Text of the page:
Semiconductor & Active Components Industry
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Given India’s strategic importance, it must emerge as the world’s next big semiconductor chip designer and manufacturer. Given India’s knowledge-based economy and large market base, I personally support an autonomous semiconductor sector free of governmental and bureaucratic constraints.
According to the Indian Electronics & Semiconductor Association, the Indian semiconductor sector will be valued $ 33 billion by 2025, with a 10% annual growth rate.
India is constructing an electronics system design manufacturing industry in a systematic manner. Currently, India designs approximately 3000 chips per year, with over 30,000 engineers focusing on various elements of chip design and verification.
Semiconductor chip design and manufacturing in India should benefit greatly from investment proposals thanks to government of India initiatives to boost the economy, such as the Make in India programme, 100 percent foreign direct investment (FDI), and support of subsidies and incentives, which are strategically important for job creation and skill development.
Small and medium-sized businesses must also be targeted for chip manufacture, as is the case in China, Taiwan, and Thailand. This will undoubtedly make India self-sufficient and self-reliant in semiconductor chip manufacture, filling a gap in the country’s electronics manufacturing capacity.
India has inked an MoU with the Singapore Semiconductor Industry Association to expand trade and technological cooperation in the electronics and semiconductor industries, which is positive. Companies are now realising the potential of India’s electronics industry and are significantly investing in production.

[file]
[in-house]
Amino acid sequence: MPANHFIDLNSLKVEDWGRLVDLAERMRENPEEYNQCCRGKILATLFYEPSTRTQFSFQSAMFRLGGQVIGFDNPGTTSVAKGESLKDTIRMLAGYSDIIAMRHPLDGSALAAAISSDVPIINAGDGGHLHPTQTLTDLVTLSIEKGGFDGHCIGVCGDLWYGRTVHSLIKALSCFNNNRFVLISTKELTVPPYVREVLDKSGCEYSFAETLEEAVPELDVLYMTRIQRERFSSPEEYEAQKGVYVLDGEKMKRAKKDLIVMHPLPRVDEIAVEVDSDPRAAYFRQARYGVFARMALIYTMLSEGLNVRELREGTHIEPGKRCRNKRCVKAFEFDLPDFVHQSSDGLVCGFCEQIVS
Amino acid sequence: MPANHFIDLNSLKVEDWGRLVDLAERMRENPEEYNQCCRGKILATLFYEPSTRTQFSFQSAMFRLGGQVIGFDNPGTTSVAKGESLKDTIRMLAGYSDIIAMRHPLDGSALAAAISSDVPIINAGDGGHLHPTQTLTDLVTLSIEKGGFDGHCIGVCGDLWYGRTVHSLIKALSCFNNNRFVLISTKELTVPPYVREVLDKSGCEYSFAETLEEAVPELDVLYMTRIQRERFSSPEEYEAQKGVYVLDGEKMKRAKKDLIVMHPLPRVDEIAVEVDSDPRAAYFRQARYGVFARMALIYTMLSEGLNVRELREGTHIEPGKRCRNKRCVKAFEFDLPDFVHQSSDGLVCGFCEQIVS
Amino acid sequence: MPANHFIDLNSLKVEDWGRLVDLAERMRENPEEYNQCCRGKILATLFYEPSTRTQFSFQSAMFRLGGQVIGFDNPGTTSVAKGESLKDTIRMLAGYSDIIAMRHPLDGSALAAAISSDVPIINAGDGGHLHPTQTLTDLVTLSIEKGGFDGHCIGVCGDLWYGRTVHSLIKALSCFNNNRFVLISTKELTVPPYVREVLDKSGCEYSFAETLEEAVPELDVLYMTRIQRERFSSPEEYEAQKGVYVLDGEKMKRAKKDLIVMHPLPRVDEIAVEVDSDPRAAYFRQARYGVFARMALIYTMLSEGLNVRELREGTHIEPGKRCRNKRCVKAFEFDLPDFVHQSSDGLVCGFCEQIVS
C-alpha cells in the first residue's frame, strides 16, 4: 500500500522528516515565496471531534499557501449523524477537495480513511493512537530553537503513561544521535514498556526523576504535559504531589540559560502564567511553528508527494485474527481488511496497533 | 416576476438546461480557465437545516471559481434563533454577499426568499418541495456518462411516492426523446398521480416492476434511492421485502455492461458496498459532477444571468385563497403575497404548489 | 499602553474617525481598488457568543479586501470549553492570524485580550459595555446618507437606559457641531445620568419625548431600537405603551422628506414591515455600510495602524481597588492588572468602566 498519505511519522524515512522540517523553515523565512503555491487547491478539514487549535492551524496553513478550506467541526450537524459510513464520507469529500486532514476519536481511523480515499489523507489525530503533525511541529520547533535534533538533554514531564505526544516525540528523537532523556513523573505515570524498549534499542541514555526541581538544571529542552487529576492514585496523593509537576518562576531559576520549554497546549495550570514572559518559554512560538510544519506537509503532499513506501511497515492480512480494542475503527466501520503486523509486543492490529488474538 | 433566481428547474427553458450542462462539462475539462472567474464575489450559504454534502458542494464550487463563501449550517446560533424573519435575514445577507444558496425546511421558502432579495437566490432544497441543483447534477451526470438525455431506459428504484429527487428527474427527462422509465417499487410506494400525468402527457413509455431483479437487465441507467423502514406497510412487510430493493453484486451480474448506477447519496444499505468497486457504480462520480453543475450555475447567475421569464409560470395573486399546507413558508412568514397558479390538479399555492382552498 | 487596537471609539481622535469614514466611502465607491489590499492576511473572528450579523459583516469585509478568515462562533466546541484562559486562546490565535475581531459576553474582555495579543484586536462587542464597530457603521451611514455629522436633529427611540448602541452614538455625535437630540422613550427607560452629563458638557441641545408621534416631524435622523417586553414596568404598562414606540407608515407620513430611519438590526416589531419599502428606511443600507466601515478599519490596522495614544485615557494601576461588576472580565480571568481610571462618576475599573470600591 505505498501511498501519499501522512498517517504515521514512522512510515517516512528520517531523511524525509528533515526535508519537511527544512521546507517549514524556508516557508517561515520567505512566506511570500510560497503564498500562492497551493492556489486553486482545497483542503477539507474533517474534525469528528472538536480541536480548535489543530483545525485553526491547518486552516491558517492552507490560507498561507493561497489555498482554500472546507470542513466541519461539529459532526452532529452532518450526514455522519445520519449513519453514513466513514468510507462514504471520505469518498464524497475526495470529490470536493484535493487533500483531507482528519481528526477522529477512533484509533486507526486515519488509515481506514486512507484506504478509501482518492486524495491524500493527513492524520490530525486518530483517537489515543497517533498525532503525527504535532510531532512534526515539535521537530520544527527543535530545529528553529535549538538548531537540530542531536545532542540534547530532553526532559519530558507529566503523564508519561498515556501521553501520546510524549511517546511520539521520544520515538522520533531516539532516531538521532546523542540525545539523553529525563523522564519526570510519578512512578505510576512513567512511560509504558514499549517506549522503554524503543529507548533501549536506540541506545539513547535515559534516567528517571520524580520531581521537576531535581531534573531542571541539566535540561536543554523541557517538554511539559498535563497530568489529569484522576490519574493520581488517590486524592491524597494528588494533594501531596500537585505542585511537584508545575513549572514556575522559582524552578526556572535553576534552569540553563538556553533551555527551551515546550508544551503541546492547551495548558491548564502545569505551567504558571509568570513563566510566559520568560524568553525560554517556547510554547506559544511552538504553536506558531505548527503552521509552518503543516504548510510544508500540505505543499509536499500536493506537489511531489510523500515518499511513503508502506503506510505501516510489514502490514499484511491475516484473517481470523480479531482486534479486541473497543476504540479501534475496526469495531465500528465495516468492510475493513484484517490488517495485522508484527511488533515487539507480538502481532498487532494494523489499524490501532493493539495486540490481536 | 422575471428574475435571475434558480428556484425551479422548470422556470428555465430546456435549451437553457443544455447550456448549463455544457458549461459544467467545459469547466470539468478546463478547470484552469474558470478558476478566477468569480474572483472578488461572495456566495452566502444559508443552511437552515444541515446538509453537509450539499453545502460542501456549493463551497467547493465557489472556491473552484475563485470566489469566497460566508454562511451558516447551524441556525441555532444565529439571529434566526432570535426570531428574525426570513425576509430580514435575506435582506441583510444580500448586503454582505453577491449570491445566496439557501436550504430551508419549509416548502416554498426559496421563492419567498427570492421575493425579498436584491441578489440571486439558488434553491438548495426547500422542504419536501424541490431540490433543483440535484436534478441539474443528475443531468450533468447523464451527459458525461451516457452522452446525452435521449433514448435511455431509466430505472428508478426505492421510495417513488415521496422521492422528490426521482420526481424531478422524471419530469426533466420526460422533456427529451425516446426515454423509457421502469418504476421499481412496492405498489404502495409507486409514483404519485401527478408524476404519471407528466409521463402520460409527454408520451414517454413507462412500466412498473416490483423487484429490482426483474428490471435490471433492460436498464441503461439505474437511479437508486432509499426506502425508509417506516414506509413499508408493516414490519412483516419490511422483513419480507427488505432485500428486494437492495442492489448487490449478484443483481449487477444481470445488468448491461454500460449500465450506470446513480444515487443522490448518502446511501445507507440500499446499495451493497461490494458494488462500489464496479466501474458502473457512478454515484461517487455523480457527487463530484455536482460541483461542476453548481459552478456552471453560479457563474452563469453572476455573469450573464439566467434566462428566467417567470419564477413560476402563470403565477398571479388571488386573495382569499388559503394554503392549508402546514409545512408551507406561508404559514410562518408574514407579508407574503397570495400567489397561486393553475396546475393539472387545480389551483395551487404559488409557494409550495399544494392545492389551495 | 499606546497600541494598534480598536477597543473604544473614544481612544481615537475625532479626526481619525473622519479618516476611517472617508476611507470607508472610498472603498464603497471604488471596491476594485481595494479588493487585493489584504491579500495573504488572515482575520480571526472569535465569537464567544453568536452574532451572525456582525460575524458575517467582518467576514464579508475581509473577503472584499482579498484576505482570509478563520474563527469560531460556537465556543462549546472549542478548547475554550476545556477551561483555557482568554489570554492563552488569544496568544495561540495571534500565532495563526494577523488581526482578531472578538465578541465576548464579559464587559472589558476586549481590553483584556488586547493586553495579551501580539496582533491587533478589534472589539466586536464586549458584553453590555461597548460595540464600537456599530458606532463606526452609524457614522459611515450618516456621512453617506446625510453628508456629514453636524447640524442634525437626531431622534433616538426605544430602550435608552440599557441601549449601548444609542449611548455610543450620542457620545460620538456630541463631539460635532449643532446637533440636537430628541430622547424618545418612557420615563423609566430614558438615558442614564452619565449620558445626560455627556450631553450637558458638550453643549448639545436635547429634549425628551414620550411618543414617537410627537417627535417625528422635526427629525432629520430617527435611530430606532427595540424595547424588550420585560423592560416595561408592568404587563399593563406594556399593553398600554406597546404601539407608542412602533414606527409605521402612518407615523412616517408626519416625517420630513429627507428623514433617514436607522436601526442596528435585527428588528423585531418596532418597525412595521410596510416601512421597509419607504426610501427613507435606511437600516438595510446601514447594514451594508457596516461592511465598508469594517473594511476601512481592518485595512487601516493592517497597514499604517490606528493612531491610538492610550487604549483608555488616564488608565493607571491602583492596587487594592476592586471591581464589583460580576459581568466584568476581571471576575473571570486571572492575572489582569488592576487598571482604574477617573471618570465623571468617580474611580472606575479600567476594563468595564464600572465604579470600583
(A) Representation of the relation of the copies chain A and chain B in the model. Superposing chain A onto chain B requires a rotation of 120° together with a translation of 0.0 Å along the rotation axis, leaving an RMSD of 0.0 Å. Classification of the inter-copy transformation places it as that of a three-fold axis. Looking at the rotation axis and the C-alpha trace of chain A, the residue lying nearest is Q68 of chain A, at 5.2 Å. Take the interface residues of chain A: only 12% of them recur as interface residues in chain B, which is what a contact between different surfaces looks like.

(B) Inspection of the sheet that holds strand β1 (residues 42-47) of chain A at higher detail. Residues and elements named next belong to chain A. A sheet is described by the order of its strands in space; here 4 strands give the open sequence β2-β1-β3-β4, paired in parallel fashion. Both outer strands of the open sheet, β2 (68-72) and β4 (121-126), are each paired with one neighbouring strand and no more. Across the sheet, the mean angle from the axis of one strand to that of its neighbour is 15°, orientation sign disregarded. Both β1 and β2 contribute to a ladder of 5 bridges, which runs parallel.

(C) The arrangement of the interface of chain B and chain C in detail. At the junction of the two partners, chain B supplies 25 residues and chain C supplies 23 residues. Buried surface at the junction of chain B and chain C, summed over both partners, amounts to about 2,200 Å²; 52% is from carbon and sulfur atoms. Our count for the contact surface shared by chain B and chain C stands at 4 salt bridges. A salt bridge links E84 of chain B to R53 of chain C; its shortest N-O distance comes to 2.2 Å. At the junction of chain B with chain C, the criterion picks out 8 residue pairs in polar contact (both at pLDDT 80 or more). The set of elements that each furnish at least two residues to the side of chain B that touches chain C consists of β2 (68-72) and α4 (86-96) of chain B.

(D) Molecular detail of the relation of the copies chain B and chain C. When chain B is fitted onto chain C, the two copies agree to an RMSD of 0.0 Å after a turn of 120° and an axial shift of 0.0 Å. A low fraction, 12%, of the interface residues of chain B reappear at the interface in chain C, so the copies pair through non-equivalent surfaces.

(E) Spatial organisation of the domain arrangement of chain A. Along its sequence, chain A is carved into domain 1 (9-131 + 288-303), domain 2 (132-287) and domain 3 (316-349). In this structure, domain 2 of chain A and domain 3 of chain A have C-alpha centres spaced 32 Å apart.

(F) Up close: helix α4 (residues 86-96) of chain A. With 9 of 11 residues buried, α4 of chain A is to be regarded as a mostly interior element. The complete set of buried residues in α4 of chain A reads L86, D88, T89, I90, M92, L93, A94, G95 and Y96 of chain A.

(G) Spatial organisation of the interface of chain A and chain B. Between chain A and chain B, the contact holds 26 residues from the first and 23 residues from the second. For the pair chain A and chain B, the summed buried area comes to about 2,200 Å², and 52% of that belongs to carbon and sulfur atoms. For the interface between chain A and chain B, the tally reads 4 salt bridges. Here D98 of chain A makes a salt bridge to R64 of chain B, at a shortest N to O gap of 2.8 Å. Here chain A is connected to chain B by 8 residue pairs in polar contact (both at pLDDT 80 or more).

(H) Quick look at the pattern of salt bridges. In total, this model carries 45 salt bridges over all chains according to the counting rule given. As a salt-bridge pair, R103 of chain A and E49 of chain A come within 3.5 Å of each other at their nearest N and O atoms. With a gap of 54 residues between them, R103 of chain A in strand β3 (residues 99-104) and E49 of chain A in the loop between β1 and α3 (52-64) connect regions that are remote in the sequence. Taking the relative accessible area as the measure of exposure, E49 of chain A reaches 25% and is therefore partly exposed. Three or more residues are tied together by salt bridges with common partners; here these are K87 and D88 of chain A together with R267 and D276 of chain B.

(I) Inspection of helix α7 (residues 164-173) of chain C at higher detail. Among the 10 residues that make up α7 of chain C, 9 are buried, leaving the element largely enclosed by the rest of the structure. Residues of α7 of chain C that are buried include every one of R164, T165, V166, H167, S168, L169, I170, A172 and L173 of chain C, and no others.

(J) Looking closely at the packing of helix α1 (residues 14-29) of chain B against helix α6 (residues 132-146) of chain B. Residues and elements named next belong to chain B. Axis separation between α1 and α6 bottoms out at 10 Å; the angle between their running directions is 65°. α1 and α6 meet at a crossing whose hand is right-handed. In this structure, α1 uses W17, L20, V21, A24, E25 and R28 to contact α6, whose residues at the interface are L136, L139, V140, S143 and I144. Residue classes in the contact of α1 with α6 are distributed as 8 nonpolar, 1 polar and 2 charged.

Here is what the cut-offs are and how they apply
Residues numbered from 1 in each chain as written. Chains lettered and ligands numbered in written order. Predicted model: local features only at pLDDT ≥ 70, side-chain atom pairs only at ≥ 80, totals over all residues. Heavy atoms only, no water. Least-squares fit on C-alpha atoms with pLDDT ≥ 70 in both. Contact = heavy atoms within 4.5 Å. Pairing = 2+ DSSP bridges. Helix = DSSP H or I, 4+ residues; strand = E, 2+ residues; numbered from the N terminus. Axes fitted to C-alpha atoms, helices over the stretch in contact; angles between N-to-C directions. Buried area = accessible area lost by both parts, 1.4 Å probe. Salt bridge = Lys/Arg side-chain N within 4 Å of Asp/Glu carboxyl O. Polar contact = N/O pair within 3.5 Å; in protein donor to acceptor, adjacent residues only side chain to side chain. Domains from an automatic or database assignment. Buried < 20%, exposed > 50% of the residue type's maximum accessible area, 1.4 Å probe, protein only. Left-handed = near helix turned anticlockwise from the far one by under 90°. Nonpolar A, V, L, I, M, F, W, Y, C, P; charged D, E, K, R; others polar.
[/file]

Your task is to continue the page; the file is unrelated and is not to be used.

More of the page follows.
Panasonic Corp., for example, is building a new facility in Haryana that will produce refrigerators and house an appliance R&D centre for the Indian market. India is an excellent place for international R&D. Chandigarh’s Semiconductor Complex is a key fabrication plant. From the standpoint of defence R&D, the Gallium Arsenide (GaAs) production facility in Hyderabad is critical. Bangalore is quickly establishing itself as a centre for cutting-edge semiconductor start-ups.
Furthermore, the Indian government is establishing world-class infrastructure in electronics manufacturing clusters around the country.
However, because the majority of electronic components are imported, it is critical to address the import problems. Consumer demand for electronics in India is expanding as a result of the country’s growing digitization, necessitating the development of indigenous electronic manufacturing capabilities. However, from a strategic standpoint, the bulk of consumer demand cannot be fulfilled only through imports. As a result, India’s case for a self-sufficient indigenous chip manufacturing industry is compelling.
However, gaining a complete monopoly on the semiconductor value chain is a tall and difficult task. Each significant country in the value chain has many “choke spots,” which governments are attempting to exploit for their own profit through export rules and outright prohibitions. India, which has a monopoly on chip design, is now attempting to expand its strategic autonomy within the semiconductor value chain. Setting up fabless manufacturing facilities is one of the first steps in this direction. Fabless units are extremely expensive to put up; one unit’s initial setup expenses are expected to be at least $1 billion, and results would take roughly 4-5 years to produce. To begin production, it would take around two years. Furthermore, semiconductor R&D and production costs continue to rise; the most recent demand is for 5 nanometre (nm) chips, which cost roughly $540 million. The majority of manufacturers produce 14nm chips and are transitioning to 10nm with the goal of reaching 5nm chip production in the near future. Taiwan Semiconductor Manufacturing Co. Ltd and Apple, for example, are already producing 5nm chips, indicating Moore’s Law is quickly becoming obsolete.